En español | On July 30, 1965, President Lyndon Johnson signed the Social Security Amendments Act of 1965, the bill that created Medicare. Medicare is the federal health insurance program for all people age 65 and older, regardless of income or medical history, and for people under age 65 with permanent disabilities. It now covers more than 54 million Americans.
The idea of medical coverage for older Americans tied to Social Security had been discussed since the beginning of Social Security itself in the 1930s. It is said President Franklin D. Roosevelt considered a medical insurance component for Social Security but feared it would doom the prospects for getting Social Security through Congress.
It wasn’t until 1952 that the idea for health insurance for Social Security beneficiaries began to receive serious discussion in Congress. And it wasn’t until 1957 that a bill by U.S. Rep. Aime Forand (D-R.I.) was introduced to provide hospital insurance for Social Security beneficiaries. Hearings were held in 1958, but there was strong opposition and no progress.
While AARP was founded after the campaign to create the program that eventually became Medicare had begun, the Association and its founder, Dr. Ethel Percy Andrus, would nevertheless play an active and important role in championing health insurance for older Americans and crafting Medicare into a successful program.
Dr. Andrus knew something about the challenges of providing affordable health insurance to retired people. In the 1950s, she started knocking on the doors of insurance companies, looking for one willing to offer group health insurance to members of the National Retired Teachers Association (NRTA). It took 42 doors before one would open. But when it did, in 1956, it was life changing for older Americans. In 1958 Dr. Andrus formed AARP, in part to extend a group health plan to all retired persons.
Because of the health coverage AARP and NRTA offered to their members, some assumed that Dr. Andrus might be less than enthusiastic about, or even oppose the idea of Medicare. Not true. Dr. Andrus advocated what was best for all older Americans. She said, “[Our Association] is proud of the success of our pioneering effort in the cause of health protection, but it wants for all older people the best insurance for the lowest cost.”
The Forand Bill was reintroduced in 1959 and again met strong opposition. This time, however, there was an AARP. In hopes of bringing the sides together and ending the gridlock, Dr. Andrus offered a comprehensive alternative. “On July 16, 1959,” she said, “I presented to the House Ways and Means Committee our proposed compromise to the Forand Bill, a compromise which we believe overcomes many of the controversial features of that bill.” AARP felt its proposal offered broader coverage and addressed the major objections of the medical profession and private industry.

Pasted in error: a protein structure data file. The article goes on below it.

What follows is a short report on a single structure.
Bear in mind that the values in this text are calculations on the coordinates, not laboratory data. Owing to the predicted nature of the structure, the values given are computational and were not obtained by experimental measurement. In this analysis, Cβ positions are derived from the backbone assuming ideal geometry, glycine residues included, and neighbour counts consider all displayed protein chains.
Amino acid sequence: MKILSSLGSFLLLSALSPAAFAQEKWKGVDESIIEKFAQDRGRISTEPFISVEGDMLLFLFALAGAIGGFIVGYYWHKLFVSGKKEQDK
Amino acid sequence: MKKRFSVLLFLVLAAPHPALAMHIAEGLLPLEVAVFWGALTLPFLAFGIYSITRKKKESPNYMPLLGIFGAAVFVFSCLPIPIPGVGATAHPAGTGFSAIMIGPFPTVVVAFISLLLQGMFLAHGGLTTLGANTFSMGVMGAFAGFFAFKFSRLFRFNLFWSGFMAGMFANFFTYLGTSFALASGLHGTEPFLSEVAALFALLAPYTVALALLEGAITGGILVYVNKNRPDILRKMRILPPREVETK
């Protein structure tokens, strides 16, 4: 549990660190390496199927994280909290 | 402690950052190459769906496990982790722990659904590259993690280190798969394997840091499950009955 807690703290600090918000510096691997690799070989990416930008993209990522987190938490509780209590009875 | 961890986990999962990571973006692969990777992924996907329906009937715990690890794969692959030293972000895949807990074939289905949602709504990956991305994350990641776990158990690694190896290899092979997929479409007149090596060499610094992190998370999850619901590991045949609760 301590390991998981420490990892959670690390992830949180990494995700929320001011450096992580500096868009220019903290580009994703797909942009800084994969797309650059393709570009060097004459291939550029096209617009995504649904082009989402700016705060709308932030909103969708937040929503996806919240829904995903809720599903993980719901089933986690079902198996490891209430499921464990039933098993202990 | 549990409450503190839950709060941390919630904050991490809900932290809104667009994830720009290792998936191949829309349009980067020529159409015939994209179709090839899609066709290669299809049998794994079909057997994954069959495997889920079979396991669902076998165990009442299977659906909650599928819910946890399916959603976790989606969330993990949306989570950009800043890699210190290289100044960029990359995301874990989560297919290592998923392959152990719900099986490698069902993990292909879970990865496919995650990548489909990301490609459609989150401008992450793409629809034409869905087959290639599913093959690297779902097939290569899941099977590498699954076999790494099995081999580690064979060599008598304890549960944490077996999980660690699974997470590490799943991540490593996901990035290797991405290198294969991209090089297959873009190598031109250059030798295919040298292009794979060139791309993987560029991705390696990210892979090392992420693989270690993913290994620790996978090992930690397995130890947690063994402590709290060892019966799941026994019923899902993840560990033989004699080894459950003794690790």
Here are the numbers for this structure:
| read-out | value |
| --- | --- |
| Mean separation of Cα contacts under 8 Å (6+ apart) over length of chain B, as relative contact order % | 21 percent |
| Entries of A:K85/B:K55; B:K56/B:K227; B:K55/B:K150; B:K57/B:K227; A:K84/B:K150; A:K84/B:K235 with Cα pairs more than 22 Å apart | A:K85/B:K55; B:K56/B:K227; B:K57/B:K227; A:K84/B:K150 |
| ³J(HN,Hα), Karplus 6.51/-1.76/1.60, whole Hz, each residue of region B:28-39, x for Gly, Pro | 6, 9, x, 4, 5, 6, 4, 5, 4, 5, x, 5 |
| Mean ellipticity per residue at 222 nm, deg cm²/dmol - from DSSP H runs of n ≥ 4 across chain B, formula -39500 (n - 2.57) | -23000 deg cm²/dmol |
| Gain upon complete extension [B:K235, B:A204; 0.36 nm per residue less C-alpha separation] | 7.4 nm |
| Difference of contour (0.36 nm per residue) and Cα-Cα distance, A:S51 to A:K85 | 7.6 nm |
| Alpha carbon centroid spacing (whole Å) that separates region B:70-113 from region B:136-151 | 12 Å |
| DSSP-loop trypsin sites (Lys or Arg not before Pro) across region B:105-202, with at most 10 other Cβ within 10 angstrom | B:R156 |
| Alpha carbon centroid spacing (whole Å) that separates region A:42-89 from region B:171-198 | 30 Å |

AARP’s compromise wasn't accepted, and the Forand Bill itself got only as far as two committee votes early in 1960. It was defeated each time.
In 1960, Sen. John F. Kennedy (D-Mass.) made hospital insurance for the elderly — what he was now calling “Medicare” — a major issue in his presidential campaign. In his speech closing the first White House Conference on Aging in January 1961, President-elect Kennedy asked for support for Medicare, which was introduced in Congress the following month.
From 1961 until 1965, political gridlock stymied progress on Medicare legislation. Bills were introduced and reintroduced, and hearings were held, at which AARP testified. But it was the historic landslide election of Lyndon Johnson in 1964 that paved the way for Medicare’s passage in 1965.
AARP’s proposed changes to the Medicare legislation resulted in a fairer and stronger Medicare program. AARP lobbied diligently to make coverage available to all older persons — not just Social Security beneficiaries. And AARP insisted that Medicare be administered through Social Security — but include the establishment of a Hospital Insurance Trust Fund separate from the Social Security Trust Fund. Both provisions were incorporated into the final Medicare legislation.
Today AARP remains one of Medicare’s strongest advocates. Medicare provides guaranteed, affordable coverage that millions of older Americans depend on.
But the program faces a number of challenges, including the rising cost of health care and a growing aging population. Too many politicians in Washington say the answer to these challenges is simply to cut benefits or force seniors to pay more. AARP believes there’s a better way. AARP is fighting for responsible solutions to keep Medicare strong — advocating to lower the price of prescription drugs; improving coordination of care and use of technology; and cutting out unnecessary testing, excess paperwork, waste and fraud. Through such actions. Washington can start to put Medicare on stable ground — not only for today’s retirees but also for our children and grandchildren.